Hot Flashes Are a Common Sign of Menopause—and They May Also Increase Heart Attack Risk
Waking up in sweaty pajamas or breaking out in a heated flush (when everyone else in the room seems to be cool and comfortable) can be really disconcerting. But hot flashes aren’t just an annoying symptom of menopause. A new study finds that women who experience regular hot flashes may face a much greater risk of having a heart attack or stroke later in life.
Preliminary findings to be presented Thursday at the North American Menopause Society’s (NAMS) annual meeting in Chicago suggest that women and their doctors should take frequent or persistent hot flashes as a potential warning of future cardiovascular woes.
“For both patients—women—and the people who are caring for them, this is a wake-up call,” Stephanie Faubion, MD, NAMS medical director and director of Mayo Clinic’s Center for Women’s Health, tells Health.
Researchers had already suspected there might be some connection between hot flashes and heart health. But the link was based on studies of older women who were asked to recall their prior hot flash experiences, as well as research involving markers of heart disease, like coronary calcifications or blood flow disturbances—and not actual heart attacks or strokes.
The new study connects the dots in a more compelling way by following more than 3,300 pre- and early menopausal women in their 40s and early 50s and checking in with them about once a year over the course of 20 years. This allowed researchers to collect information on the women’s hot flashes as they were going through the menopause transition and to record cardiovascular events.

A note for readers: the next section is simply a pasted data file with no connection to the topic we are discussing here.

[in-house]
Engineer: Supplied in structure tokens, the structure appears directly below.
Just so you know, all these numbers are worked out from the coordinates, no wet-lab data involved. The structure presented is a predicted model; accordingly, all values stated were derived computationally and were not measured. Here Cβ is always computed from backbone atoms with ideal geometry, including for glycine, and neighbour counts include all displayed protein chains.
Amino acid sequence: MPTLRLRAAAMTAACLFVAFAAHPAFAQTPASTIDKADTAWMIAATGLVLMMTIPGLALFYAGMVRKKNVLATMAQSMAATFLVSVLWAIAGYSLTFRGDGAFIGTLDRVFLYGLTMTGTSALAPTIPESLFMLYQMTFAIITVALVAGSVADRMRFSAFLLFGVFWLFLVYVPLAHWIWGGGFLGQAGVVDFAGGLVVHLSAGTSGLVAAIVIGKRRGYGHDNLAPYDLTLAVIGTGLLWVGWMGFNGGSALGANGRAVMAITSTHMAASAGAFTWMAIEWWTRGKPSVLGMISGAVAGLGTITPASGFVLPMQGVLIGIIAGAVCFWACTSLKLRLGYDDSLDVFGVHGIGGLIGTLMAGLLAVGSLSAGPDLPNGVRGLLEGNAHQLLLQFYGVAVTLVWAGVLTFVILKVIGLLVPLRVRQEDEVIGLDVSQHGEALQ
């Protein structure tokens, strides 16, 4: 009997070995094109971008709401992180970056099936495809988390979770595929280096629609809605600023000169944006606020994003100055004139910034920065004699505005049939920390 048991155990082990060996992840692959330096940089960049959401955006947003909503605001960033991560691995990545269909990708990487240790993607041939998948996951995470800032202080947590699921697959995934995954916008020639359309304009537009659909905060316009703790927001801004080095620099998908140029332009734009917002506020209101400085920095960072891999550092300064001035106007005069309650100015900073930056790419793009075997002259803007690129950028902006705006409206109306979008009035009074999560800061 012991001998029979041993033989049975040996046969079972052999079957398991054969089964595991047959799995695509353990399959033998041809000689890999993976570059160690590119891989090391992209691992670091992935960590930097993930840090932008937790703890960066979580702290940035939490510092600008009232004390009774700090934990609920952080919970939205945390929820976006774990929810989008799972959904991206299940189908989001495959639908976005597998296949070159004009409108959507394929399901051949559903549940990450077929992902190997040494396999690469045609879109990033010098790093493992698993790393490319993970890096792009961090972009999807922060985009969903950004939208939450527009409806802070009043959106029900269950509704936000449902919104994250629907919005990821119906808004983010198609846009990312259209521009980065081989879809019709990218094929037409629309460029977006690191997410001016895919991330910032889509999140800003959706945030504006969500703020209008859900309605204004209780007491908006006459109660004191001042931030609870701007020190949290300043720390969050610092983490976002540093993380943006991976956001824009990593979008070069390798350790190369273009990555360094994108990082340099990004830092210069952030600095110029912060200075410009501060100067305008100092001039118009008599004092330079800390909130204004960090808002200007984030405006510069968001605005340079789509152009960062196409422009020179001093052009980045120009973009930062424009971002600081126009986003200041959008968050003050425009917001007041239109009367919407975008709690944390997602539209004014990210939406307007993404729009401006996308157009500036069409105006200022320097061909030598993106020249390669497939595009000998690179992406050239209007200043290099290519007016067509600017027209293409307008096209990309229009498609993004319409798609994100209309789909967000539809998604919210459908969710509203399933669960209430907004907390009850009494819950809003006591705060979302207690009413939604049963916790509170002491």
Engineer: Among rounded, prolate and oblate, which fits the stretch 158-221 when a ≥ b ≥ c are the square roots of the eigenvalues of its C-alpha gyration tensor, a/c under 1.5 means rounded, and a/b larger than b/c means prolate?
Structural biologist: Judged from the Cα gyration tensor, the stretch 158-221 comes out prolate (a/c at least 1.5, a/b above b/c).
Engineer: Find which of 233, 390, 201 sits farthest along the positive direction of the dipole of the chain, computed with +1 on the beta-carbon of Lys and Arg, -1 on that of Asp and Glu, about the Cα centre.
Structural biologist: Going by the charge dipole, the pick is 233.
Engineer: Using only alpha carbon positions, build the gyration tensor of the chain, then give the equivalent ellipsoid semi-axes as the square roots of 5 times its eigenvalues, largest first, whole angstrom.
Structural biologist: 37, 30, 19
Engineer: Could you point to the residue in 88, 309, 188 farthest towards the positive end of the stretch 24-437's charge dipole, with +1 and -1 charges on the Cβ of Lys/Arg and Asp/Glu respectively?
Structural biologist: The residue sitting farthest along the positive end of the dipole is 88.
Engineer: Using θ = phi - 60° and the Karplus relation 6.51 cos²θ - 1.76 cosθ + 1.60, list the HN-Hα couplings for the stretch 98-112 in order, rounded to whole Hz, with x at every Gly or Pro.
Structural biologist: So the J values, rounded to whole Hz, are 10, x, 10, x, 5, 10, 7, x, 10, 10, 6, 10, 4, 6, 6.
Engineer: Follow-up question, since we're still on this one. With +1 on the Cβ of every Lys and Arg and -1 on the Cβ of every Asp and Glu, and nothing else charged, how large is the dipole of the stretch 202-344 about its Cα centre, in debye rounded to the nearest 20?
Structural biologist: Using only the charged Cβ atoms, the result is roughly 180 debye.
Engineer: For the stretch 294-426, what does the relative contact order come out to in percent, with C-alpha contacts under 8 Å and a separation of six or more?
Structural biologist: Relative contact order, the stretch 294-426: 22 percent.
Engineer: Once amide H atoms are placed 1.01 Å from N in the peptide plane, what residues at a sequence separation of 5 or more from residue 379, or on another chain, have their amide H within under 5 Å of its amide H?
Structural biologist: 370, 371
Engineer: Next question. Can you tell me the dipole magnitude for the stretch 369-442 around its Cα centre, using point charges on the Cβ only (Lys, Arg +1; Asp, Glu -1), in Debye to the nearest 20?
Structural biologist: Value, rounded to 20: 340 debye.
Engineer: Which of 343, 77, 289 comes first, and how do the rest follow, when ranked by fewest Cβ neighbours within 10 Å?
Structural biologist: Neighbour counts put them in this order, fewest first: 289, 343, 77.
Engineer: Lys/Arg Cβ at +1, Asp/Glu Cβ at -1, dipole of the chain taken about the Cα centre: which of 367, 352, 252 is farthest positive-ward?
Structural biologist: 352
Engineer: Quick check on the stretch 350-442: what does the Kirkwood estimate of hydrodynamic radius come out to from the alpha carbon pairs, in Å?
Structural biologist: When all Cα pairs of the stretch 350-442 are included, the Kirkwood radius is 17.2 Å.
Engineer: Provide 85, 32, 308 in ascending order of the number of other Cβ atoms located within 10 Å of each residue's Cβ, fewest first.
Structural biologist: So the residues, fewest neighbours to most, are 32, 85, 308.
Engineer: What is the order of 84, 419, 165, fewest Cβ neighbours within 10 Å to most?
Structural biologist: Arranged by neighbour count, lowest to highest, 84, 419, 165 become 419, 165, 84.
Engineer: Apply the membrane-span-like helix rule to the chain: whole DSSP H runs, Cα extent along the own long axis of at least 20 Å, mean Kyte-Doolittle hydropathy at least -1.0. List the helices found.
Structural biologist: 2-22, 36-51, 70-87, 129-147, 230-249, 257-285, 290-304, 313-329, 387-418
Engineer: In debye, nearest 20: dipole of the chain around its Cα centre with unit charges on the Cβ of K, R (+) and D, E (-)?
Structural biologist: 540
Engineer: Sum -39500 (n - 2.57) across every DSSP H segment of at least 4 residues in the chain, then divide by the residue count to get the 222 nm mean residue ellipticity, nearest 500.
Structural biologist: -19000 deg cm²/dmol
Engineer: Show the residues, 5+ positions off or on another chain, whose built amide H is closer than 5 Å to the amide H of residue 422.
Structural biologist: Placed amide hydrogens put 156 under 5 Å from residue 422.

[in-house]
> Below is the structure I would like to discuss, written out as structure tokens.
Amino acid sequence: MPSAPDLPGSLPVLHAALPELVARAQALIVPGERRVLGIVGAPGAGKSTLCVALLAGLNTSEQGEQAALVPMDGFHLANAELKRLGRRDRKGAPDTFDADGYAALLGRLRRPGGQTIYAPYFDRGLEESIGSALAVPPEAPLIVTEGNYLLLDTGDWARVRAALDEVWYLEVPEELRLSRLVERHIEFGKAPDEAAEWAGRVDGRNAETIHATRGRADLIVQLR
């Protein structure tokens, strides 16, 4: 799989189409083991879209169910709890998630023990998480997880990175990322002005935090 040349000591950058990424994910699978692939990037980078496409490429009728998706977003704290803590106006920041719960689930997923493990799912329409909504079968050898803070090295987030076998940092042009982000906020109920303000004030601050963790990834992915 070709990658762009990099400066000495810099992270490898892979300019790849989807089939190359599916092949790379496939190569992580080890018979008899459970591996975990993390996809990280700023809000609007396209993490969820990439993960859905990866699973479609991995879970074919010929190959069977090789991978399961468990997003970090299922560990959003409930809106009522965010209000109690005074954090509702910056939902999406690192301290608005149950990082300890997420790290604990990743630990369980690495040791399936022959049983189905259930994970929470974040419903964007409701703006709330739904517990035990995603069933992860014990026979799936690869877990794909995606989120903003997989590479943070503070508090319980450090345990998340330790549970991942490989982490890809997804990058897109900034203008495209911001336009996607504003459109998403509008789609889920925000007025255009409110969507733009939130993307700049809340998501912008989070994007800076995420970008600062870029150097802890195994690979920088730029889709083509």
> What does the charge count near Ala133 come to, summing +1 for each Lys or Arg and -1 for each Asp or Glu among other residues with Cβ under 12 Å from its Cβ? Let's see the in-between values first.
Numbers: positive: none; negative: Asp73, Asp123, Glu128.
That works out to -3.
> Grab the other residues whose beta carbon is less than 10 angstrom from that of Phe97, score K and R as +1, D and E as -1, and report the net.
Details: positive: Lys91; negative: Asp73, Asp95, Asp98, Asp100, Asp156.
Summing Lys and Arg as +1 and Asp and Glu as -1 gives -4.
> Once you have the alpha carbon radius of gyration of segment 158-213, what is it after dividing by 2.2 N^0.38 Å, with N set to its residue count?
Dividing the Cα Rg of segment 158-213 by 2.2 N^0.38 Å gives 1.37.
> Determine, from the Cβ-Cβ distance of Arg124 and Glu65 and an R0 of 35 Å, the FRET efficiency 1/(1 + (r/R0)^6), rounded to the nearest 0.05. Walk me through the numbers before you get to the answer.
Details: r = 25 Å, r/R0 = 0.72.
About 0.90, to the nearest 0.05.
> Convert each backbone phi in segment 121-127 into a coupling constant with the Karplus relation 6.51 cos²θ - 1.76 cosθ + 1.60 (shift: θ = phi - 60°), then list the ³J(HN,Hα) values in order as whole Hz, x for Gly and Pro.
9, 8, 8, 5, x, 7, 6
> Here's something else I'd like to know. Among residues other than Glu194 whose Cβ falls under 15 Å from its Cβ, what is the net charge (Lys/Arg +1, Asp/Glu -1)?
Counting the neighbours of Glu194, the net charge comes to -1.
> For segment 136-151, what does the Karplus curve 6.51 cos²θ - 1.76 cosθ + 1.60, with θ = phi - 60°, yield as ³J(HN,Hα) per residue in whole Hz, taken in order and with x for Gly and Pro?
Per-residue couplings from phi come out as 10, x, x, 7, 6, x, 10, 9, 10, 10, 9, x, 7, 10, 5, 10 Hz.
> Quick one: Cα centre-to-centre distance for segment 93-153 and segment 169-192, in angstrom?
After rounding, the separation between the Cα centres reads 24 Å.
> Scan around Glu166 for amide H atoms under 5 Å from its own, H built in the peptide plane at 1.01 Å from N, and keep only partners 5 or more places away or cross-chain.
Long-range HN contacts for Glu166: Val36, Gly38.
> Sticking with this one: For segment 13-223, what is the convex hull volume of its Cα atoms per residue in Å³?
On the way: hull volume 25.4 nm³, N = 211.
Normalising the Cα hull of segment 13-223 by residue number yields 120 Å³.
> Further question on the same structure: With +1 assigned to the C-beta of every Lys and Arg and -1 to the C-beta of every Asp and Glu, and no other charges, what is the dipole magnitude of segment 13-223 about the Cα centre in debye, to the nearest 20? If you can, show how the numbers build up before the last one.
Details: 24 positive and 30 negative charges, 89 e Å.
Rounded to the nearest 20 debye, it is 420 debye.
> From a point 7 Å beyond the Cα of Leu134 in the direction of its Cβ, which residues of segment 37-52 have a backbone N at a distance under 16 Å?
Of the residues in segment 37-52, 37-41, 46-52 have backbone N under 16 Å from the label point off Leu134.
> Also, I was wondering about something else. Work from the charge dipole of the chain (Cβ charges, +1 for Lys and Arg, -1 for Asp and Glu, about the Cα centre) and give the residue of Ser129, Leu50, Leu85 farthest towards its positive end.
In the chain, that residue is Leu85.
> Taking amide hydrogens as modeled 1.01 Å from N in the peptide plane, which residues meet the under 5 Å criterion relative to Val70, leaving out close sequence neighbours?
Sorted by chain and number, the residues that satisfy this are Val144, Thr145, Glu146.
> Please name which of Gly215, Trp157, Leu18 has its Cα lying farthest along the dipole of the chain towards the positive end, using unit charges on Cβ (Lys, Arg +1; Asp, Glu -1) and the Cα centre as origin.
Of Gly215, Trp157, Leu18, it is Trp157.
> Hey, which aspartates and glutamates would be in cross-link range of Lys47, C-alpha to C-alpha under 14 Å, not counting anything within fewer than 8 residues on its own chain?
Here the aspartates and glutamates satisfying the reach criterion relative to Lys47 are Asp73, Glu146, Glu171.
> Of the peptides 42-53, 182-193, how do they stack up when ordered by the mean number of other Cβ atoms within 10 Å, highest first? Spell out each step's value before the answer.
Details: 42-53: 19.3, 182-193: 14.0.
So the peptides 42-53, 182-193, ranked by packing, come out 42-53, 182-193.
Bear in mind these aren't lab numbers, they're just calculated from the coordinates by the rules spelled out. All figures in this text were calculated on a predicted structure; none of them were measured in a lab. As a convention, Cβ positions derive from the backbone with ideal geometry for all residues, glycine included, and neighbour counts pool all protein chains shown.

“This is the first study that’s actually done that,” Dr. Faubion points out.
Overall, 231 women in the study had a heart attack or stroke during two decades of follow-up.
Women who had frequent hot flashes at the beginning of study were twice as likely as other women to experience such events. Women with persistent hot flashes over time had an 80% increased risk of having a heart attack or stroke—even after adjusting for heart disease risk factors.
Rebecca Thurston, PhD, incoming NAMS president and lead author of the study, tells Health it doesn’t mean that any individual woman who has hot flashes is destined to go on to have heart attack or stroke. “But relative to a woman who doesn’t have hot flashes, she is at increased risk,” says Thurston, a researcher specializing in midlife women's health and cardiovascular risk.
As for why hot flashes may be a harbinger of heart disease, Thurston suspects it says something about the women’s vasculature, aka her blood vessels.
Will treating your hot flashes reduce your heart disease risk? “We just don’t know because we haven’t done that research yet,” Thurston acknowledges. However, she does think the study findings underscore the need to engage in heart-healthy behaviors, such as quitting smoking, losing weight if you’re overweight, and getting your blood pressure under control.
“It definitely underscores the importance of women who are having severe hot flashes to just be on top of their cardiovascular health,” Thurston says.
What this study doesn’t tell us is whether knowing a woman’s hot flash history will boost the accuracy of predicting who will have a heart attack or stroke, Dr. Faubion says. But that, of course, is the hope.
It could be the “canary in the coal mine,” Arianna Sholes-Douglas, author of The Menopause Myth and founder of the Tula Wellness Center in Tucson, Arizona, tells Health—pointing out that heart disease in the number one killer of women in the U.S. “Hot flashes are no laughing matter.”
The study findings reported at NAMS are considered preliminary because they have yet to be published in a peer-reviewed medical journal.
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